Lunch with the troisième âge

Eyes down for a slap-up lunch

Lunch is alive and well in France.  Nowhere is this more in evidence than in the Troisième Age (Third Age) club we belong to.  It organises excursions around the region a few times a year, the highlight of which is always a slap-up lunch.  Above shows a visit to Aubrac in the Aveyron, where an annual fête is held in May to celebrate the cows going up to their pastures for the summer. More about that another time. Before going any further, I should explain that I am the baby of this club by some way, but the exercise class I belong to has teamed up with it for insurance purposes. My husband (some years my senior) is therefore a member by virtue of being my conjoint! Enough self-justification. 

Last week the club went on an excursion into the Aveyron for the annual ‘Stockfish’ lunch.  Stockfish, or estofinado in the Occitan regional language, is dried salt cod (or haddock in some cases), reconstituted in water, flaked and mixed with mashed potato. Its origins date back a long way, when flat-bottomed barges plied the River Lot.  They transported coal, wood and cheeses down to Bordeaux and fish and other goods back up.  Since the journey upstream could take some time, it was no good bringing back fresh fish.  Christian Signol, who has written many novels about the region, published a three-volume saga about a family of bateliers (barge boatmen), La Rivière  Espérance.  His trilogy is based on the River Dordogne, but the way of life was similar on the Lot.  The coming of the railway spelled the end of this ancient line of work.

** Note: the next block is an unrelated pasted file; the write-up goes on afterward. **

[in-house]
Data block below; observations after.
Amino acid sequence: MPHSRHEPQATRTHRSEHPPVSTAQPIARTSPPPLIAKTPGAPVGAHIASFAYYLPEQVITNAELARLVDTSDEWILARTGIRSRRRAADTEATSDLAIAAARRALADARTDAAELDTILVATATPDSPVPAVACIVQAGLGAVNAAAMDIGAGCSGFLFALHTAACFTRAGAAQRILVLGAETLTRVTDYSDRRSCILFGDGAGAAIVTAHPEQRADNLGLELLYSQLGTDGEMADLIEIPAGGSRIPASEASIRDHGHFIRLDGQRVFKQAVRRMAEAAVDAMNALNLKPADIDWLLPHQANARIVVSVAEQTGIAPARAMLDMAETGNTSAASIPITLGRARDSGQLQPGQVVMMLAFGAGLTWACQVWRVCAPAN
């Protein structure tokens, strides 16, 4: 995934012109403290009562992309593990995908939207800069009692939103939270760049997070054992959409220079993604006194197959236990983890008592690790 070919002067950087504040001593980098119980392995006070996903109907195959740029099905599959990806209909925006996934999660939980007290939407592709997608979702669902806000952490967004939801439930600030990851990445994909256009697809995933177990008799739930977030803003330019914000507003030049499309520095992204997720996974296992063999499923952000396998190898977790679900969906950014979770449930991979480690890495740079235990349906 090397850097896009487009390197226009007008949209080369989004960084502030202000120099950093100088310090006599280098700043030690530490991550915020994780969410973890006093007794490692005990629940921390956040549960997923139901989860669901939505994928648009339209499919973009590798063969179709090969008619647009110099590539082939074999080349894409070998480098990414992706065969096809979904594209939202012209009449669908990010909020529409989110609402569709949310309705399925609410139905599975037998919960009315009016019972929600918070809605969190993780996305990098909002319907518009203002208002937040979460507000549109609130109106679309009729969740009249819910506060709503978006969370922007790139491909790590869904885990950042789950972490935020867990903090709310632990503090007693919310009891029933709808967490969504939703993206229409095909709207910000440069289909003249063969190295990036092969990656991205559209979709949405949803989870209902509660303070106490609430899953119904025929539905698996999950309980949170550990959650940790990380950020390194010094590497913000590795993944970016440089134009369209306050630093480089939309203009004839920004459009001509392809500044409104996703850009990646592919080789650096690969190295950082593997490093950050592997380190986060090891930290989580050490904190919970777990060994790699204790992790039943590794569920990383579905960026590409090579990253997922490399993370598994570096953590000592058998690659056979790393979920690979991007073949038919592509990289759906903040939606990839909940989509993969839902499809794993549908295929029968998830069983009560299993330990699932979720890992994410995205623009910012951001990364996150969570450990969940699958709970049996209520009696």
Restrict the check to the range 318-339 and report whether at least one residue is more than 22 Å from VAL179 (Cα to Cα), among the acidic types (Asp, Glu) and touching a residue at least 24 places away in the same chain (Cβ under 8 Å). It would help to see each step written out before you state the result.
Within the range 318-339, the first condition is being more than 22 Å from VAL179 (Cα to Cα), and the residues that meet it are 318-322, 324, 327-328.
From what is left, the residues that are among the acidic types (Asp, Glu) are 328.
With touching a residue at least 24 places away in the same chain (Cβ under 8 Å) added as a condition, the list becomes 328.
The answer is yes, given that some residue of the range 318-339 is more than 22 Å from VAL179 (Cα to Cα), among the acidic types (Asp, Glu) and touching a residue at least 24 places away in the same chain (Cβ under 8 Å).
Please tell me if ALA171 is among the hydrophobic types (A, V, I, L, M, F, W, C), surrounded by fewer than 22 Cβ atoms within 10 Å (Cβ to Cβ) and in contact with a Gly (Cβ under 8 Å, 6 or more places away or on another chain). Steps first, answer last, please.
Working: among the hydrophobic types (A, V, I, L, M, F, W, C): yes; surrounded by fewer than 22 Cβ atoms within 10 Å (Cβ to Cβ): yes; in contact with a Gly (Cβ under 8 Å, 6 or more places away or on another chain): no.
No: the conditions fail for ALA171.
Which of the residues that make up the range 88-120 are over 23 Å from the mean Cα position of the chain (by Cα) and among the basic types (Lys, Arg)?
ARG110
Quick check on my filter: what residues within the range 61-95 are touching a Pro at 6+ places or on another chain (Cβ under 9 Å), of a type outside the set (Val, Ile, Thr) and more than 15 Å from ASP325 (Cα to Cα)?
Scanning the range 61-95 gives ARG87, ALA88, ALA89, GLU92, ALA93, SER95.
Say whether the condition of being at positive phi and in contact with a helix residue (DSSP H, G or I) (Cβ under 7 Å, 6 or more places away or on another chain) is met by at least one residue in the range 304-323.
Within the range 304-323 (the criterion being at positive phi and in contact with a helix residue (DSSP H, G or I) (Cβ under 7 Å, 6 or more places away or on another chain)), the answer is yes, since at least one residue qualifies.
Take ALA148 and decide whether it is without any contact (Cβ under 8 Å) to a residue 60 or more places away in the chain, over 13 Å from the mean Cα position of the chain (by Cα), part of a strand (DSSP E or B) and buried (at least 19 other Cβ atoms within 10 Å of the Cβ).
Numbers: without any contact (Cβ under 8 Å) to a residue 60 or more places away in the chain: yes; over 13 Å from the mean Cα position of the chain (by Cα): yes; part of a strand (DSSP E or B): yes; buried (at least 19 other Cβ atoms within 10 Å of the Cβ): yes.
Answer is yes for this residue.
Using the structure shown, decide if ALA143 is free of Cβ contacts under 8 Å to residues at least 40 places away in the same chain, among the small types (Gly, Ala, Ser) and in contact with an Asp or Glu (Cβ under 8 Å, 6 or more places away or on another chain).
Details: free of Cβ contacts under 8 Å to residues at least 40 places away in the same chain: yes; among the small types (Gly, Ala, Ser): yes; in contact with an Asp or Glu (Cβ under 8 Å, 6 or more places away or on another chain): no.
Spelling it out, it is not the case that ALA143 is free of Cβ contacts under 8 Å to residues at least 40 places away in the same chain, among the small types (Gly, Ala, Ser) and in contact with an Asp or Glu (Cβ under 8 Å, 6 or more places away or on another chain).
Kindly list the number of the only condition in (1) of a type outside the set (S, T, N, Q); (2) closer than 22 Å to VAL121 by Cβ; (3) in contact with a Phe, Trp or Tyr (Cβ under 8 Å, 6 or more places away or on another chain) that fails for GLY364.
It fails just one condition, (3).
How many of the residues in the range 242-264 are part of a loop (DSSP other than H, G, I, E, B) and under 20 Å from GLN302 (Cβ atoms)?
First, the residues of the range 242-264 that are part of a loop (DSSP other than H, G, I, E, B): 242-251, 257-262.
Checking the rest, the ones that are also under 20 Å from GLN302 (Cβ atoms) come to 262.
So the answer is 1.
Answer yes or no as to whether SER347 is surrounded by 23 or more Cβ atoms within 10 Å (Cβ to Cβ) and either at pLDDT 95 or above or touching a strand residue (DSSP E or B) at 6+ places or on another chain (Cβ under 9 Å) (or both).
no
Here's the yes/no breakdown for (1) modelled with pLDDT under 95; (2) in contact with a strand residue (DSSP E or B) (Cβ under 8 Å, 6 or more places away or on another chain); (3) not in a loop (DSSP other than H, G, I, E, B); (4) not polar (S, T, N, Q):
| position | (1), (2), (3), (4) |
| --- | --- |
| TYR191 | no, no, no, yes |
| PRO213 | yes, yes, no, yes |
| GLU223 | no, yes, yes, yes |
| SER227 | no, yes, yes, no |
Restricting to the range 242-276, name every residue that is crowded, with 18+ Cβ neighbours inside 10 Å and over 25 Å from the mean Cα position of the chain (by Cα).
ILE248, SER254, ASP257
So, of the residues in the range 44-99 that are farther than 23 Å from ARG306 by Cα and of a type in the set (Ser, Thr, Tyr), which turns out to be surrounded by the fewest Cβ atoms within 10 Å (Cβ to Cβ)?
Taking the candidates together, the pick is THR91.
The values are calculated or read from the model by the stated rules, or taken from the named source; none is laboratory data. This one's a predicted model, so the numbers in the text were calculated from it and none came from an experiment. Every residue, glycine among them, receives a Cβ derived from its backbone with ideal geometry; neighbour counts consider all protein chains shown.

Coming back to our lunch: kicking off at 12:30, 50 of us started with an apéritif (kir) and worked our way through chicken soup, poule farcie (stuffed chicken), salad, stockfish, a vast tray of cheeses and île flottante with crème anglaise plus a large slice of massepain (a sort of light sponge cake), washed down with rosé (a bit like paint stripper) or rouge (rather better) and finished off with coffee.  All this for €20 a head, followed by a good knees-up for the stout-hearted.

We left about 4:30 and went home by the less-frequented back routes, just in case the gendarmes were out.

COMING SOON – more in my series about French social customs

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